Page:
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Palestine Documented in ‘Roots Run Deep’

Tazim Majothi shares the story of how a beautifully important coffee table book came to be.

So many of us have dreams and aspirations that we never voice, we keep them in our hearts and minds. My story is about what happens when we do have the courage to give voice to these thoughts and how Allah (SWT) puts people in our path that support our aspirations and make dreams come true. When I visited Palestine in February 2012 to plant olive trees, I could never have imagined 18 months later I would be the first person to hold the photo book ‘Roots Run Deep – Life in Occupied Palestine’.





In November 2010, half way through watching Budrus – a documentary-film about the uprooting of olive trees to make way for the apartheid wall – I had a very strong feeling I wanted to visit Palestine. As I left the auditorium I met with a friend from school, she remembered my name and recognised me after so many years. On enquiring what I thought of the film, I shared with Salma my wish to visit Palestine. Salma handed me a leaflet on an olive planting project in Palestine in the West Bank. She assured me it was possible as she had taken the very journey and would guide me through all preparations. I was so glad that I had voiced my thoughts because that very night I registered my interest in the programme and three months later I was planting olives trees.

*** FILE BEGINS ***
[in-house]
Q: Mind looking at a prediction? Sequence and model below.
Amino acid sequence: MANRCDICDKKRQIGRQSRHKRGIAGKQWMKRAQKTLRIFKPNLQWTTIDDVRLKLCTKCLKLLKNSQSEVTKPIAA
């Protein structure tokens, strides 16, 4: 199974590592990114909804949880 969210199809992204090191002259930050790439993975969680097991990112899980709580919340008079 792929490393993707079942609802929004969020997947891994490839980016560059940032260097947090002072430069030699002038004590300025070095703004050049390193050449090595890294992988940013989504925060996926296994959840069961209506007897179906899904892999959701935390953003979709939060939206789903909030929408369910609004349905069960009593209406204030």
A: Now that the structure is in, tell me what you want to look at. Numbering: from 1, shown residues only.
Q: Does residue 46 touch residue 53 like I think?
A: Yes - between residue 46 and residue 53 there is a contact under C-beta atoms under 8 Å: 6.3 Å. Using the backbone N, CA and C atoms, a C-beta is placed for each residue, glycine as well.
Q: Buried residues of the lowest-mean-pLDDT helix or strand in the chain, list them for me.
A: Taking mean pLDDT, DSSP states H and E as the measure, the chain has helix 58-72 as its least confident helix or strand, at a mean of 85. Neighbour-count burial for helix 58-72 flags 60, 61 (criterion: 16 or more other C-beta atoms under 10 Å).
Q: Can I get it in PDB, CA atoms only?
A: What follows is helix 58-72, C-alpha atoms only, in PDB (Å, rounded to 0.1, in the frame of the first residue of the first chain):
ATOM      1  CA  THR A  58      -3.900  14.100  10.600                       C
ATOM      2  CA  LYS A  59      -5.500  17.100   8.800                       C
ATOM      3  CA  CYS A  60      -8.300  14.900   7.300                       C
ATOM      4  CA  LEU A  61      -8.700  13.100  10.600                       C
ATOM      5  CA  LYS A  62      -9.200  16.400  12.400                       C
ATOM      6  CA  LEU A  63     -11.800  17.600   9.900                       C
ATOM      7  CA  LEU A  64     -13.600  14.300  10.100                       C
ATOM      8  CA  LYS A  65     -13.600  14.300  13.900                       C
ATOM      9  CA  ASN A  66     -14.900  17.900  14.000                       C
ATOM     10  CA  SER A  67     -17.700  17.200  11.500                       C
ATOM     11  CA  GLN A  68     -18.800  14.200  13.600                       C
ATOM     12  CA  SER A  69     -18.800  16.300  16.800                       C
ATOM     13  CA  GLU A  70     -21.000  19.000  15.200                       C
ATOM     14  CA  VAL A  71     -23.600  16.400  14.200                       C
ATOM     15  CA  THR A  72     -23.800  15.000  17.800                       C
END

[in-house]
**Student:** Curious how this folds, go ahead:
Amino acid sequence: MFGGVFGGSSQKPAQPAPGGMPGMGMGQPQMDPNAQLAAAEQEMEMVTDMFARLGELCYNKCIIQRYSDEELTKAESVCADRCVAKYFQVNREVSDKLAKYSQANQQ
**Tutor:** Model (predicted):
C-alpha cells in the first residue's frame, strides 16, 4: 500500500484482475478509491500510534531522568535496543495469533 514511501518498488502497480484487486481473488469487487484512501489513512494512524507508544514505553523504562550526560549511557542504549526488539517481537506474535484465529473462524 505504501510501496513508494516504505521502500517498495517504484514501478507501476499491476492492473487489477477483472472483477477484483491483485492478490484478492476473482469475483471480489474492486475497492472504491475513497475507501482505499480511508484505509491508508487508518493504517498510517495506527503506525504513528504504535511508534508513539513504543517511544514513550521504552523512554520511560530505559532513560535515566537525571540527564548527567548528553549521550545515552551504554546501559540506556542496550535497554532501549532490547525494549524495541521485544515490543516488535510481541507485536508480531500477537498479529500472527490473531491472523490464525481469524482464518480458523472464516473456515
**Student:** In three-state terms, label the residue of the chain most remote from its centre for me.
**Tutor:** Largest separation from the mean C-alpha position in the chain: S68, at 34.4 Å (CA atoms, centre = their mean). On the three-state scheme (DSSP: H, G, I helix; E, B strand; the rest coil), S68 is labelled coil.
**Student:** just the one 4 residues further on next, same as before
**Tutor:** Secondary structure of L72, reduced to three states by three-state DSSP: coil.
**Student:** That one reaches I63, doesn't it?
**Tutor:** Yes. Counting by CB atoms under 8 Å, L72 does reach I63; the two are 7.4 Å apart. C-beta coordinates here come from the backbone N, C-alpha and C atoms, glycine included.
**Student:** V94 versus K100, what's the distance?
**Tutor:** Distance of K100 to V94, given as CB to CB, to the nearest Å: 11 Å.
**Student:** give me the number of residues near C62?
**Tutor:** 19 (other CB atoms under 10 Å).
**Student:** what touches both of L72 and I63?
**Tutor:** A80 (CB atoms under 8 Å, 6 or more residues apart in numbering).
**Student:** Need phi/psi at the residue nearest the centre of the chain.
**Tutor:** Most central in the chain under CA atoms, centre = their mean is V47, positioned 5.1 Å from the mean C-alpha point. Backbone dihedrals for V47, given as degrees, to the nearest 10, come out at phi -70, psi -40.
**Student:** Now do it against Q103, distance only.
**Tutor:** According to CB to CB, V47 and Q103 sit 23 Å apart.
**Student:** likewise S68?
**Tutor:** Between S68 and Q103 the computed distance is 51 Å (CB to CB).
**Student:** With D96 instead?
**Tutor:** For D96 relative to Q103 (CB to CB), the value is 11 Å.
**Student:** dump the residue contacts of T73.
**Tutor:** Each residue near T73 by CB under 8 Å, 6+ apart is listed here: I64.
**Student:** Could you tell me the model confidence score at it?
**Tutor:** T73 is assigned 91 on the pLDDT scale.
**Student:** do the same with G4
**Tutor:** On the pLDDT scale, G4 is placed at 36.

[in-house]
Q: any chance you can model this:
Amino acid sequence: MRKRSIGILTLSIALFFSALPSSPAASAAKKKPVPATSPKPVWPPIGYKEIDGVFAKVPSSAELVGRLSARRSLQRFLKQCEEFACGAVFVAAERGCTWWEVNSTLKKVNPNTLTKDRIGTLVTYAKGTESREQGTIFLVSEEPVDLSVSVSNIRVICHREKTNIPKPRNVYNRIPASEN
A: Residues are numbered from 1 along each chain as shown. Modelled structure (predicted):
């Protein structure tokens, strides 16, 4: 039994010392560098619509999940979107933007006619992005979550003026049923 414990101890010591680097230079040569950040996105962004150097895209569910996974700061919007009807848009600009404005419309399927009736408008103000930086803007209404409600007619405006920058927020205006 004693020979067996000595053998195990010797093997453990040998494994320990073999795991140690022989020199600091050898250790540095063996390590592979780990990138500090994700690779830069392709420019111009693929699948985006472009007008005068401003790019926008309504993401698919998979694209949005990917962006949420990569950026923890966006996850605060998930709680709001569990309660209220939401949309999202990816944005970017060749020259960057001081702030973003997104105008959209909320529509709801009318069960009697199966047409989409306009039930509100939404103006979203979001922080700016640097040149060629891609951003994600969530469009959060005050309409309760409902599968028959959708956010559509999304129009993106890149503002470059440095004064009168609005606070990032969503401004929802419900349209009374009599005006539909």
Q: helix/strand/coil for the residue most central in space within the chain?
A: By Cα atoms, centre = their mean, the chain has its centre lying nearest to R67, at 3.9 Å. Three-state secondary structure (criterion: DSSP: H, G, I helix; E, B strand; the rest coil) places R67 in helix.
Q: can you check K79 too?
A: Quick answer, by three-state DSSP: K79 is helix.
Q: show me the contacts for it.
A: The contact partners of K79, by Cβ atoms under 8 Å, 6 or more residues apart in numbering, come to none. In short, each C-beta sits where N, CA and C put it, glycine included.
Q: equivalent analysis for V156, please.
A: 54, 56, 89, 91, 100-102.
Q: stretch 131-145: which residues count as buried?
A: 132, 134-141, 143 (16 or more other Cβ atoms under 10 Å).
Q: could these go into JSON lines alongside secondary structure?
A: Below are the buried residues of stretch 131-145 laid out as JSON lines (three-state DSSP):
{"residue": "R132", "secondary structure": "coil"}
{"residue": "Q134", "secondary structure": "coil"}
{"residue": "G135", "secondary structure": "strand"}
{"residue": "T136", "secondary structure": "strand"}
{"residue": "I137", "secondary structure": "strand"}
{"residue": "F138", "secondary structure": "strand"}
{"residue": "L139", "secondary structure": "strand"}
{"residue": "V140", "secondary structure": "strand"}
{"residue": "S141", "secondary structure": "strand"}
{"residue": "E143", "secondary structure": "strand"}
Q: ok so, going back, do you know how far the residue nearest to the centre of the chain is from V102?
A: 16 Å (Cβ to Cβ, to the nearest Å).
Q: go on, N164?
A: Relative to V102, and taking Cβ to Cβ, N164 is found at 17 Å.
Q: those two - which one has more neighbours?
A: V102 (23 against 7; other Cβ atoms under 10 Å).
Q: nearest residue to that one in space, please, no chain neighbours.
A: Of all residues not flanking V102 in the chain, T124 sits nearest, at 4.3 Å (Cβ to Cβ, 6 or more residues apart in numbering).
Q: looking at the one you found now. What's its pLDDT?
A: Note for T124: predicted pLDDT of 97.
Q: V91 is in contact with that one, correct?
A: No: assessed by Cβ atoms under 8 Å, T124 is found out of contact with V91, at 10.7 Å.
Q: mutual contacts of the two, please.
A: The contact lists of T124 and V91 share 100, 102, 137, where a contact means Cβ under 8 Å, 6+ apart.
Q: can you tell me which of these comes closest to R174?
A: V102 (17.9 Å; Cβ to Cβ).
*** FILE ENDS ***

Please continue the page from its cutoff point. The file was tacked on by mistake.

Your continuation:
Whilst in Palestine I fulfilled my childhood dream of praying in Al Aqsa mosque – something I always thought impossible. However, it didn’t fill me with the joy I had hoped as upon entering the mosque I learnt Palestinians faced restrictions and were not allowed to pray in the mosque. Knowing this saddened me and was the first example I saw of life under occupation.





The experience was a huge learning curve. Apart from planting olive trees on Palestinian farms, we visited the historical cities of Jerusalem and Bethlehem and witnessed the horrendous situation in Al Khalil (Hebron), as well as attending lectures and talks educating us on life in Palestine and its brutal occupation. I stayed with a Palestinian family which was such a special and memorable experience.